Those were the twin aspects of the struggle being carried on, as Clausewitz might have said, by other means. That situation was deliberately constructed, and the Bill deals with it. The Bill purports to deal with a problem that did not arise organically, as it were, but was the deliberate creation of a small group of terrorists. All the front men in the areas of most acute confrontation are ex-IRA men with criminal convictions for serious crimes. That is the background.

On the amendments, one of the objections to the original proposals for a commission of the kind that the Bill puts in place was that it should both mediate and adjudicate. Anyone who has any experience of judicial or quasi-judicial proceedings knows that it is impossible for the arbitrator or the adjudicator to perform both functions—and it should be impossible.

If the arbitrator mediates between two parties, inevitably, in the course of mediation, the desirable outcome that he envisages as judge and the view that he would recommend as mediator become known to the parties. If the parties do not agree following mediation, the arbitrator must then don his adjudicator's hat. At that stage, he will arrive at a decision—which he has already identified to the parties in the course of mediation as his preferred option. I know of no judge who will directly undertake mediation between parties if, ultimately, he will be called upon to make the definitive decision.

Therefore, I can understand to some extent why the Minister seeks to remove the term "mediate" and to use instead the term "facilitate mediation". It is clearly recognised that the commission should not perform both functions. If that were the true position, and mediation were to be removed from the equation altogether, we could perhaps run with the amendment. However, I suspect that it is simply a play upon words. What is the distinction between the meaning of "mediate" in this context and "facilitate mediation"? Does it amount to a hill of beans? Does it mean that, instead of mediating directly, the commission will mediate by proxy? Is "facilitating mediation" really mediation by proxy? If it is, will the commission's views not be made evident to the parties?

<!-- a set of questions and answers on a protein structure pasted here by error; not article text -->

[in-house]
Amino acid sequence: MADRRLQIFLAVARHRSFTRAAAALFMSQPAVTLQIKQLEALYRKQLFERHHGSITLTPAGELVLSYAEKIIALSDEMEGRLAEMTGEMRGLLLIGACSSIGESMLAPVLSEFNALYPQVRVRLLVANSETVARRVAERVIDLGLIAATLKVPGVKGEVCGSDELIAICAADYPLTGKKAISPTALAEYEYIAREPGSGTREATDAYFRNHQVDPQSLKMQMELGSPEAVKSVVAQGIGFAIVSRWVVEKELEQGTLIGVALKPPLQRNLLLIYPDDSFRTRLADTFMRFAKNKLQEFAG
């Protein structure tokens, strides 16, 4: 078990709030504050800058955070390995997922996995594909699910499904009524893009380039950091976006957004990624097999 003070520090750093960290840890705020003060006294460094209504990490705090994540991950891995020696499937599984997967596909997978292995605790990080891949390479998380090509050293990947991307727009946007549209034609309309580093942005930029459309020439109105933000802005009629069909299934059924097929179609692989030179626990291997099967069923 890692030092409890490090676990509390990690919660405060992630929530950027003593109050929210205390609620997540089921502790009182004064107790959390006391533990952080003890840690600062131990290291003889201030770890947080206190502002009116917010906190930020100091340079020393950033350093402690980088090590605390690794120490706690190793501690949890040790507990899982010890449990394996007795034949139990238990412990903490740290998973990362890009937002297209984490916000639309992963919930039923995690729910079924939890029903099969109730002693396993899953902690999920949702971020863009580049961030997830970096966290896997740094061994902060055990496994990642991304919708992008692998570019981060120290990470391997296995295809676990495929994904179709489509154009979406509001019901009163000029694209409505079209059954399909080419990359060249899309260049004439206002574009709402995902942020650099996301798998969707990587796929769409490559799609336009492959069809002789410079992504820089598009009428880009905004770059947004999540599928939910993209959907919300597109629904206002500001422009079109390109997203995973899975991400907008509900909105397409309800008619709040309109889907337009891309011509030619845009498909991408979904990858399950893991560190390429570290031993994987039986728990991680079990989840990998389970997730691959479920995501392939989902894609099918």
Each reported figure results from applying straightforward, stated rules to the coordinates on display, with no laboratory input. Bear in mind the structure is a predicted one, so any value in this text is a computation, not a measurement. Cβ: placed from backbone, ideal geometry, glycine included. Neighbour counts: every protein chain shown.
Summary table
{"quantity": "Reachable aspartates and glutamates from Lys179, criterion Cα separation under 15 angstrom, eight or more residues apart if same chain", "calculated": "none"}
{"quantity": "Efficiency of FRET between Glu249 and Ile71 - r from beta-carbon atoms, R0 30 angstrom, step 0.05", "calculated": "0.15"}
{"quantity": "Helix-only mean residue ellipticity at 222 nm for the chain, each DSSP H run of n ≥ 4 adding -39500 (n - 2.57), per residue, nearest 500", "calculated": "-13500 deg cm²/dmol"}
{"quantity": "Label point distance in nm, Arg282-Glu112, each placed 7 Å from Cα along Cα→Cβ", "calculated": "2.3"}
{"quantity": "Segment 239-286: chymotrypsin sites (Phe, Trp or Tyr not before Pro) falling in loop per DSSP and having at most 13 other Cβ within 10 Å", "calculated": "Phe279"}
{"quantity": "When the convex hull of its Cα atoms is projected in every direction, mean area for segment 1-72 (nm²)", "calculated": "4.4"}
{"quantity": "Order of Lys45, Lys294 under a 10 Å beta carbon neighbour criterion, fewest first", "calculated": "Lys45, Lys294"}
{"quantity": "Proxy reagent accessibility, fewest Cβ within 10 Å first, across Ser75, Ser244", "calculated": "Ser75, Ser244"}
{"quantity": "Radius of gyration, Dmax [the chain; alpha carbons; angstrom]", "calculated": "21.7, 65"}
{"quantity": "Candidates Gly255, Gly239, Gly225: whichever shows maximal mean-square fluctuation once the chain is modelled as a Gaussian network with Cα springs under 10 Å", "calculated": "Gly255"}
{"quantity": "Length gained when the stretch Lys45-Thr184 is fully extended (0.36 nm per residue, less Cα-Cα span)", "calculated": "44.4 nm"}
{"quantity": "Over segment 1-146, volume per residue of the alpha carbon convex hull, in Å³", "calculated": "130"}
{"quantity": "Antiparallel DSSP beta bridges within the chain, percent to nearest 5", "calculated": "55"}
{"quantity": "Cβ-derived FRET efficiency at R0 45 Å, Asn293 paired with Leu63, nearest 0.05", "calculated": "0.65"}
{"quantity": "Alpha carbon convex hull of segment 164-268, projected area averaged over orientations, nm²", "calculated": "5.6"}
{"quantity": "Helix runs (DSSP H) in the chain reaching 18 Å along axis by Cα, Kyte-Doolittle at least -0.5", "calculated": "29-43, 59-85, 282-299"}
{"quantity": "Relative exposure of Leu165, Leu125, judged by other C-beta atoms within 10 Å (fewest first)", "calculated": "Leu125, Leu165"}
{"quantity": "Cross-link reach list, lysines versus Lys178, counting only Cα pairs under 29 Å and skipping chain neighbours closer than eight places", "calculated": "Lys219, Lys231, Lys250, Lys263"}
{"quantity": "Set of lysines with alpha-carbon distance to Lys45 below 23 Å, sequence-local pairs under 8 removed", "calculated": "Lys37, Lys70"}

The language employed by the hon. Member for South Down (Mr. McGrady) is significant. He described the commission as acting as "mediator, go-between and facilitator"—I am subject to what subsequently appears in Hansard, but I am pretty certain that he used those words. In other words, the distinction between someone who does not mediate and someone who facilitates mediation will be completely blurred. If we permit the phrase "facilitate mediation" to remain, we shall end up with the worst of both possible worlds: we shall have someone who is nominally not a mediator mediating, and an adjudicator certainly adjudicating.

We should avoid that situation. The commission is either a mediating body or an adjudicating body. We must deprecate the practice of including in the legislation words that are capable of giving the commission both those functions without actually saying so

What point is there in having an adjudicating body that can be overridden by the police and the Secretary of State further down the line? That is what will happen in a really intense situation.

I am grateful to the hon. Gentleman for making that observation. No matter what structures or institutions we create by way of this legislation, a decision must ultimately be taken by a person on the ground who has the authority to say yea or nay.